Hifi Question?

I m planning on getting a Harman Kardon HK 3770. It has bluetooth and dlna, the latter I am not familair with but I do plan on mostly using it for it s bluetooth connectivity to listen to audio from my phone.

According to the specs on the manual I downloaded, it only supports MP3 32-320kbps and WMA ver.9 only.

I don t know if this affects my ability to play flac and other file types via bluetooth or not, or if it only affects files that go through the system via usb and dlna??

Also, If I later purchase a cd component and connect it to this receiver will those limitations prevent me from playing original cd s or cd s which I have burned containing other file types?

  • Best Answer

    Don't know about MP3. It is a file compression method that I do not use. CD players and the compact disc format do not compress the music. If you extract files from a CD, you can save them as wav files, which are not compressed. As long as your receiver has RCA inputs, CD players will work. You can in fact plug a CD into any input (except the phono input) such as those labeled tuner, tape, CD, TV, or aux.,  and the receiver will handle them the same way. The signals going in are the same format. Harman Kardon traditionally makes good amplifiers and receivers. They are able to handle the infinity RS speakers I own that have an impedance of 2 ohms. Most Japanese amps and receivers cannot handle such low impedance inputs and they get damaged easily. Japanese amps are designed to handle 8 ohms, so that their power ratings look good without needing to spend money beefing up the power supply to handle the high current demands of low impedance speakers. My speakers destroyed a couple of Japanese made amps (an Akai and a Sony) before I figured out I need better amps for my speakers. They shut themselves down if I turned up the volume to protect themselves from being short-circuited due to the low impedance of my speakers. After many of these shutdowns over time, the amplifiers simply died.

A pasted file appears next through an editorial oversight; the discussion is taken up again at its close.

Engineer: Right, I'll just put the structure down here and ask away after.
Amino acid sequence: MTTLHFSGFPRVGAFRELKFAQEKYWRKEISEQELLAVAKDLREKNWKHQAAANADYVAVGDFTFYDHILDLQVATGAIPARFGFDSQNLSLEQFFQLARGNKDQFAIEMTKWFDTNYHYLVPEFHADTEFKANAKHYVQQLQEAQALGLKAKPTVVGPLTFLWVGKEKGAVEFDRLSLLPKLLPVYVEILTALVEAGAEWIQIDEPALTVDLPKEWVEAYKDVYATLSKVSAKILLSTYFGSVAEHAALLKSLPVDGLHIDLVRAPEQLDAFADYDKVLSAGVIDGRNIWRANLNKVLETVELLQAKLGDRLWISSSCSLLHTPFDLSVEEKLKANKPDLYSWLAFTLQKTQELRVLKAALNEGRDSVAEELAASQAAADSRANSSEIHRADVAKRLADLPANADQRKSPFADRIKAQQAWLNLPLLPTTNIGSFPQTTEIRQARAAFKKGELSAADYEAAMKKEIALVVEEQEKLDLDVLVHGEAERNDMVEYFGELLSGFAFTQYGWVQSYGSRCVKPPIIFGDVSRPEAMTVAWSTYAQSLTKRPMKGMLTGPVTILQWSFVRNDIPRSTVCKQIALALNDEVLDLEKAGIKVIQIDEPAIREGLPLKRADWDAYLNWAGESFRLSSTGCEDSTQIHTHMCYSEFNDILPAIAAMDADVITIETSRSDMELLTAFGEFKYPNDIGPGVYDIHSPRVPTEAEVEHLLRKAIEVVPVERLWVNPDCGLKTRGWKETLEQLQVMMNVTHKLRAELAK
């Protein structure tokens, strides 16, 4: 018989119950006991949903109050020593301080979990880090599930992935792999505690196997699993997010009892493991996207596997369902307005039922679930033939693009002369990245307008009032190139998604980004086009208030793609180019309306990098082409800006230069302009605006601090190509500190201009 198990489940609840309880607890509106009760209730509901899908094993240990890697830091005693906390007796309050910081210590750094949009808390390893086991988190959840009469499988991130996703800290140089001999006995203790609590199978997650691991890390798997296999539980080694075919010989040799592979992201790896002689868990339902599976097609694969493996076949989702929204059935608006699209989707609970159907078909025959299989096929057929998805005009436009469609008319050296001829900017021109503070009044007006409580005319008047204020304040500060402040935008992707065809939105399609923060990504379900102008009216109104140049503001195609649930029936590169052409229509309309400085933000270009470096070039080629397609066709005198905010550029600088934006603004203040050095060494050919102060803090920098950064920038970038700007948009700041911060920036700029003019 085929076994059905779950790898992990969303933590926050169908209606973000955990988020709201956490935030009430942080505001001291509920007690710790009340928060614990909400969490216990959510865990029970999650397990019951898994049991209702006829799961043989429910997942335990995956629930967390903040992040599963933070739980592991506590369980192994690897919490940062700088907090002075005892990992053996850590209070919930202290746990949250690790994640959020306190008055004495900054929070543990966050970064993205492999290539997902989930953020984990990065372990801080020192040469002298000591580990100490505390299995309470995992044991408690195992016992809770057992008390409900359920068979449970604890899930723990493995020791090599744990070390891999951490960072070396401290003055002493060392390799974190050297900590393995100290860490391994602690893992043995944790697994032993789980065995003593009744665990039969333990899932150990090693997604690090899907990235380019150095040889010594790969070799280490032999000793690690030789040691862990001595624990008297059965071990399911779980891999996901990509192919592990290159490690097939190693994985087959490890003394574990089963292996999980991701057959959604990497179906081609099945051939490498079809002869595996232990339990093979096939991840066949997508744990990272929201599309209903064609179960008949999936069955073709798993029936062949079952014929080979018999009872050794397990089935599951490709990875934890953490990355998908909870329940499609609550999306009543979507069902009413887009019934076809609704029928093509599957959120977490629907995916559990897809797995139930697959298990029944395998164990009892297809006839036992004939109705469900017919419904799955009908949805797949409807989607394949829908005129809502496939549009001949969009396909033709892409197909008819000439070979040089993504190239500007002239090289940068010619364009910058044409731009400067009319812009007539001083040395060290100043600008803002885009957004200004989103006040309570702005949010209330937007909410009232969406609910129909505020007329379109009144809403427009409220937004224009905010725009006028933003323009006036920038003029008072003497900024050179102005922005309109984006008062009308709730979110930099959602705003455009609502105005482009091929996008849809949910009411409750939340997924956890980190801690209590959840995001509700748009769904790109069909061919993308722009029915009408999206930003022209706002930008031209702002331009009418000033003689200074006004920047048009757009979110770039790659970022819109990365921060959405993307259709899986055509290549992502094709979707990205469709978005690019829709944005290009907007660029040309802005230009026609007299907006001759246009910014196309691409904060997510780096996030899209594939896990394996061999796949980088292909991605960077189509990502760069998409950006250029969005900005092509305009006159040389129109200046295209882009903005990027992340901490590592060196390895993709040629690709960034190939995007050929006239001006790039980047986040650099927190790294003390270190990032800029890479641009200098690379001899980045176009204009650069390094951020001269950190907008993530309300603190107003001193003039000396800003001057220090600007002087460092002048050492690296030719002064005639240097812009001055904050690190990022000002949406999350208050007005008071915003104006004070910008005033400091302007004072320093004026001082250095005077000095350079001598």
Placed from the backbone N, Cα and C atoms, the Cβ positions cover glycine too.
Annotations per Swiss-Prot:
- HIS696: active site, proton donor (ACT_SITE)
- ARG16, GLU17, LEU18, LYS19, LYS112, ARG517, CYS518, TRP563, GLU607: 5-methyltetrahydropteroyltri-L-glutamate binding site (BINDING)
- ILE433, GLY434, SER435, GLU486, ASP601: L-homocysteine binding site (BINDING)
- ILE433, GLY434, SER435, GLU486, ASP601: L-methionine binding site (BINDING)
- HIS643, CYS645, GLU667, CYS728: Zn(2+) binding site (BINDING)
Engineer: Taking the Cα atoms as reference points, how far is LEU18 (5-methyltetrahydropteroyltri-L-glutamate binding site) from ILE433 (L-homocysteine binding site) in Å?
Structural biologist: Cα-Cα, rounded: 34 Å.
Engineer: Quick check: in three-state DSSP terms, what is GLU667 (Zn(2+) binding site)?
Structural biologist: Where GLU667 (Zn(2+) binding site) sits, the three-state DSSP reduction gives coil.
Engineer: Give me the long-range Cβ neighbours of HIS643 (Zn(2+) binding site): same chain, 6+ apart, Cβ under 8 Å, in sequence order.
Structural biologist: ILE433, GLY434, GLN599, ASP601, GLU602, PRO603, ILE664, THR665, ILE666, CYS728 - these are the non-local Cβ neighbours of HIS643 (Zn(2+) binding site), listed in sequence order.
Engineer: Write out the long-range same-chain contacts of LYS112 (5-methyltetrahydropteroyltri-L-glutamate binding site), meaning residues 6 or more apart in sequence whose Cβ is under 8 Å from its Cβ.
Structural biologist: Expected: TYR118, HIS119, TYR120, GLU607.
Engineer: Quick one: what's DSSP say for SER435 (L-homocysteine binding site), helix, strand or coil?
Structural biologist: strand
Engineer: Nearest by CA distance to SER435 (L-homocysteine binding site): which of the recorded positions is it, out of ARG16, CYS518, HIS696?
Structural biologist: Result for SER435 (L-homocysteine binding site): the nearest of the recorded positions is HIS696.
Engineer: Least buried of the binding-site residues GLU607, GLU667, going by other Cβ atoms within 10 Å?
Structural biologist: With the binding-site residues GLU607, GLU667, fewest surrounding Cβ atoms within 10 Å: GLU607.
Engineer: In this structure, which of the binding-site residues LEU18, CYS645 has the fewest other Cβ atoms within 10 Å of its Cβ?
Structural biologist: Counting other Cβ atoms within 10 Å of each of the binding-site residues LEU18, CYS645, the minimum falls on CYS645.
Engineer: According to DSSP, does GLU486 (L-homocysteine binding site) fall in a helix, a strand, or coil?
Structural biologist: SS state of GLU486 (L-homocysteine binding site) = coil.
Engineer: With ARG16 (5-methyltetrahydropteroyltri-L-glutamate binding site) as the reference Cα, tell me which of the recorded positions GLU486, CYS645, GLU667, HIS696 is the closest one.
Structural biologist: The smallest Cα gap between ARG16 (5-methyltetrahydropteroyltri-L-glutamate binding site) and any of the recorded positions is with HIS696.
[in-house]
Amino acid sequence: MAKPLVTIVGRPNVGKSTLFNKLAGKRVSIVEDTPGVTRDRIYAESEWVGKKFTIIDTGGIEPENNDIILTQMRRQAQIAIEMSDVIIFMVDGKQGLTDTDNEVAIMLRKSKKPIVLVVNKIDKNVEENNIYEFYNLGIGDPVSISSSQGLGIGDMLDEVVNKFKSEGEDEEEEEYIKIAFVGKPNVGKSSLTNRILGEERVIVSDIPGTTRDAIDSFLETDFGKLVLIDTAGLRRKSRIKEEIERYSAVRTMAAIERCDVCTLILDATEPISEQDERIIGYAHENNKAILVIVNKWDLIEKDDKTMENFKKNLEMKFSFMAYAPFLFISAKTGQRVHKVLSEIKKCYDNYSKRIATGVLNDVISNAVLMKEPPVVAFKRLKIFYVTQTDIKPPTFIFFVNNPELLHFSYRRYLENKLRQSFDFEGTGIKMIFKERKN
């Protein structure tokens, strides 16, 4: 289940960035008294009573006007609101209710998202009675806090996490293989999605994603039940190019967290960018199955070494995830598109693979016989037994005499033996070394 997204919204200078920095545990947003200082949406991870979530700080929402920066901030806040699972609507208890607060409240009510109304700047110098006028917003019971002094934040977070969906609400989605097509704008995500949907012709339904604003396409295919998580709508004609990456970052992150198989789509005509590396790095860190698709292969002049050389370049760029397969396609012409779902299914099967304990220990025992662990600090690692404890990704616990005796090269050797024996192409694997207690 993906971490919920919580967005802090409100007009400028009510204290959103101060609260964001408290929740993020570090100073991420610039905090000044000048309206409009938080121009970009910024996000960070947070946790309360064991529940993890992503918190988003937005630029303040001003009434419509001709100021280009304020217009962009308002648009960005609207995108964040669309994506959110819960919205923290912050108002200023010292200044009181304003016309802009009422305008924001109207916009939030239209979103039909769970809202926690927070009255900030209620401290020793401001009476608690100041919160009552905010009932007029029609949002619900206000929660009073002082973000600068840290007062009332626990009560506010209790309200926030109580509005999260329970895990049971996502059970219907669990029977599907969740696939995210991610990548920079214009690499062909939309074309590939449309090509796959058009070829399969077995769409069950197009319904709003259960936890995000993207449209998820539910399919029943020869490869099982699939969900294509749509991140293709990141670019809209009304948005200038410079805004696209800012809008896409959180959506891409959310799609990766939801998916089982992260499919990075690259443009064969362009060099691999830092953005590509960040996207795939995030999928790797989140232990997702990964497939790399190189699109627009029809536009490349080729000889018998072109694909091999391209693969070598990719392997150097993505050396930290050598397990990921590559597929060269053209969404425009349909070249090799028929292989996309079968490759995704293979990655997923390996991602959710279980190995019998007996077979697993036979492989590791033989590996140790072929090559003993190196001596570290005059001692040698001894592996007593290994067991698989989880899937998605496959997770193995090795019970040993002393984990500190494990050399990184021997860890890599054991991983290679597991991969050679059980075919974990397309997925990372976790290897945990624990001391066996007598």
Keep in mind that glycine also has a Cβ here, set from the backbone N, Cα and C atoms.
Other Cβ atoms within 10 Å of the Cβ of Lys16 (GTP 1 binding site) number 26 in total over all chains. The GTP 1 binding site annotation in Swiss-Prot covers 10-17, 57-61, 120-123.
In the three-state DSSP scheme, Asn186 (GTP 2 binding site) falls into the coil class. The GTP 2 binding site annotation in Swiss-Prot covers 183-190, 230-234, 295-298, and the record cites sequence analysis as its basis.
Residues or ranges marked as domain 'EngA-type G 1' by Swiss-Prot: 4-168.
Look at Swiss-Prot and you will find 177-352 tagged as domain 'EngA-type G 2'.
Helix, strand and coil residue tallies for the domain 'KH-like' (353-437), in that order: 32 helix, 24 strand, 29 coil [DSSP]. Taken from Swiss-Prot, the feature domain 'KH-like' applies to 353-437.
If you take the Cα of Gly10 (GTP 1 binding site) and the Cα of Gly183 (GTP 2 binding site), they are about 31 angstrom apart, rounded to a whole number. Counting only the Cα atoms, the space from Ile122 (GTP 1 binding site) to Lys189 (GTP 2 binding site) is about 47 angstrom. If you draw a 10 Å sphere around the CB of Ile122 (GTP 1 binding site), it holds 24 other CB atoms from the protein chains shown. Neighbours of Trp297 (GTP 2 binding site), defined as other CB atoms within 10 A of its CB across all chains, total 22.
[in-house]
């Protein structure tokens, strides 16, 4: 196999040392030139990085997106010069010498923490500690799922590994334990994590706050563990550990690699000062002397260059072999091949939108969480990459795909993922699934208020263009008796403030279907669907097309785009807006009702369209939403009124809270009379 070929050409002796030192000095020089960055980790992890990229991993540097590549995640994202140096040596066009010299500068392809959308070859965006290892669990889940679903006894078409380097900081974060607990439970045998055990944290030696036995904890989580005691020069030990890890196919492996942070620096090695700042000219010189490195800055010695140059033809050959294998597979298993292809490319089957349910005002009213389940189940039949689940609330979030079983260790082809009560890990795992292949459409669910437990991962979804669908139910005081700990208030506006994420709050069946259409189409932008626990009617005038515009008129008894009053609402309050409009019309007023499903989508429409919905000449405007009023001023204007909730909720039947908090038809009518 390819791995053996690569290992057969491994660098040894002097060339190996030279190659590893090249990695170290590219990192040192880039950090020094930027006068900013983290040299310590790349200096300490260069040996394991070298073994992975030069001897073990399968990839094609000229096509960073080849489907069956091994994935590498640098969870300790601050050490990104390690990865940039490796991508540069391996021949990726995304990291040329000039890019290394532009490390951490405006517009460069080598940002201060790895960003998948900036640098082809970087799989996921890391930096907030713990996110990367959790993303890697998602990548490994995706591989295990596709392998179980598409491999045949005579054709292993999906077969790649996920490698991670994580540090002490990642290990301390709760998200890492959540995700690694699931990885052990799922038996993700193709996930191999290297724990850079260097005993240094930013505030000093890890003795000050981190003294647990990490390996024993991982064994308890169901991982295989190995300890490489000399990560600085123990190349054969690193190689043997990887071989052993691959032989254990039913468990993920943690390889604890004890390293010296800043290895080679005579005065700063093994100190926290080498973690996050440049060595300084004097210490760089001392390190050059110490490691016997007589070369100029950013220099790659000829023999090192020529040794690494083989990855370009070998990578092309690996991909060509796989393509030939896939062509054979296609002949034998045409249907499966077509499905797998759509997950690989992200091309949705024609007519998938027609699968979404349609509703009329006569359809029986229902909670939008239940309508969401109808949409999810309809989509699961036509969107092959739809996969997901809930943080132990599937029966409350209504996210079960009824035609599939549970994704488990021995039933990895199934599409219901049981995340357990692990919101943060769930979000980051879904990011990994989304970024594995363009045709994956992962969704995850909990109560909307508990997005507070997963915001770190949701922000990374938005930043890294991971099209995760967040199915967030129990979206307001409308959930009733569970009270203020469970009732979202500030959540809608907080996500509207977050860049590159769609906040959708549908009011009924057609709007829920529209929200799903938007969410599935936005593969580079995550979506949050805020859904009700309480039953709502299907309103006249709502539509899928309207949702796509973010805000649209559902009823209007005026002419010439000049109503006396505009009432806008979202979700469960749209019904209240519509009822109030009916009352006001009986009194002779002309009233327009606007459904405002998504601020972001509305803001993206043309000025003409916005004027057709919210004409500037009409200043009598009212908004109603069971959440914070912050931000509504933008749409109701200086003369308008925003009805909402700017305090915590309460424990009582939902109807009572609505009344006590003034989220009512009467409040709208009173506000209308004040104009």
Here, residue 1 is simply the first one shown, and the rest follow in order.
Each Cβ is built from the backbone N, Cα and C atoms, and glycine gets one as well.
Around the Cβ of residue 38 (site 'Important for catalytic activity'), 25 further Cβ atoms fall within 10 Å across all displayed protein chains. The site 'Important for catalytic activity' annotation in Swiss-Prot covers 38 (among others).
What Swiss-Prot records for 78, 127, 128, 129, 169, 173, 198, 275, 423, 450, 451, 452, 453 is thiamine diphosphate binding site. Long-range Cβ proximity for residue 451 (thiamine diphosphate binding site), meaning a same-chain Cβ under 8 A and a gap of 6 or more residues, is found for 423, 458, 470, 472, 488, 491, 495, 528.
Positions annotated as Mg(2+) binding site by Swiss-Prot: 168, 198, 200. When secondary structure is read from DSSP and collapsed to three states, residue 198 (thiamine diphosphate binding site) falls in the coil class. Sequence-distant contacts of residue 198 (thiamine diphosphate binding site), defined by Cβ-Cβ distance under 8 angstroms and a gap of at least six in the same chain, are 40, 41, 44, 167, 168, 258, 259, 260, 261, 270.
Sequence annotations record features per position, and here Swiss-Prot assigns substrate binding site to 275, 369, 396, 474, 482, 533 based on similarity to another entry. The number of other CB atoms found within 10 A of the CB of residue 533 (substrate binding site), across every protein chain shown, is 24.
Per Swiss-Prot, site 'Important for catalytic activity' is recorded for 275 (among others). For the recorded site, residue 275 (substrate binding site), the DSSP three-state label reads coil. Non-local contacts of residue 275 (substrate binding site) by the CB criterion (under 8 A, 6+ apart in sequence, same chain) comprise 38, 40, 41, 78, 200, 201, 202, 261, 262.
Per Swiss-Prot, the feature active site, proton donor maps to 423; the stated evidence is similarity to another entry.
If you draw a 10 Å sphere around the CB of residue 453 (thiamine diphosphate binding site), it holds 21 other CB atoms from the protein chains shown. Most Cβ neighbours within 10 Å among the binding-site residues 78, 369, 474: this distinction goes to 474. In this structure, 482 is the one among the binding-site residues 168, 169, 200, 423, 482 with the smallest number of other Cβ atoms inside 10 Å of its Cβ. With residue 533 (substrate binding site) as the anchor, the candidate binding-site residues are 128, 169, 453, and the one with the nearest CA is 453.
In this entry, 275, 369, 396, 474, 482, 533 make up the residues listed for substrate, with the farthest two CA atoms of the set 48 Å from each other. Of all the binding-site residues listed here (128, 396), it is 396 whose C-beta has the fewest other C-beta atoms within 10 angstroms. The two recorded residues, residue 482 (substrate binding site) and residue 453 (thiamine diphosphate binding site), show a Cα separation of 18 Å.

Anonymous 1 month ago 3 0
  • Other Answer
  • Don't know about MP3. It is a file compression method that I do not use. CD players and the compact disc format do not compress the music. If you extract files from a CD, you can save them as wav files, which are not compressed. As long as your receiver has RCA inputs, CD players will work. You can in fact plug a CD into any input (except the phono input) such as those labeled tuner, tape, CD, TV, or aux.,  and the receiver will handle them the same way. The signals going in are the same format. Harman Kardon traditionally makes good amplifiers and receivers. They are able to handle the infinity RS speakers I own that have an impedance of 2 ohms. Most Japanese amps and receivers cannot handle such low impedance inputs and they get damaged easily. Japanese amps are designed to handle 8 ohms, so that their power ratings look good without needing to spend money beefing up the power supply to handle the high current demands of low impedance speakers. My speakers destroyed a couple of Japanese made amps (an Akai and a Sony) before I figured out I need better amps for my speakers. They shut themselves down if I turned up the volume to protect themselves from being short-circuited due to the low impedance of my speakers. After many of these shutdowns over time, the amplifiers simply died.

    Anonymous 1 month ago 3 0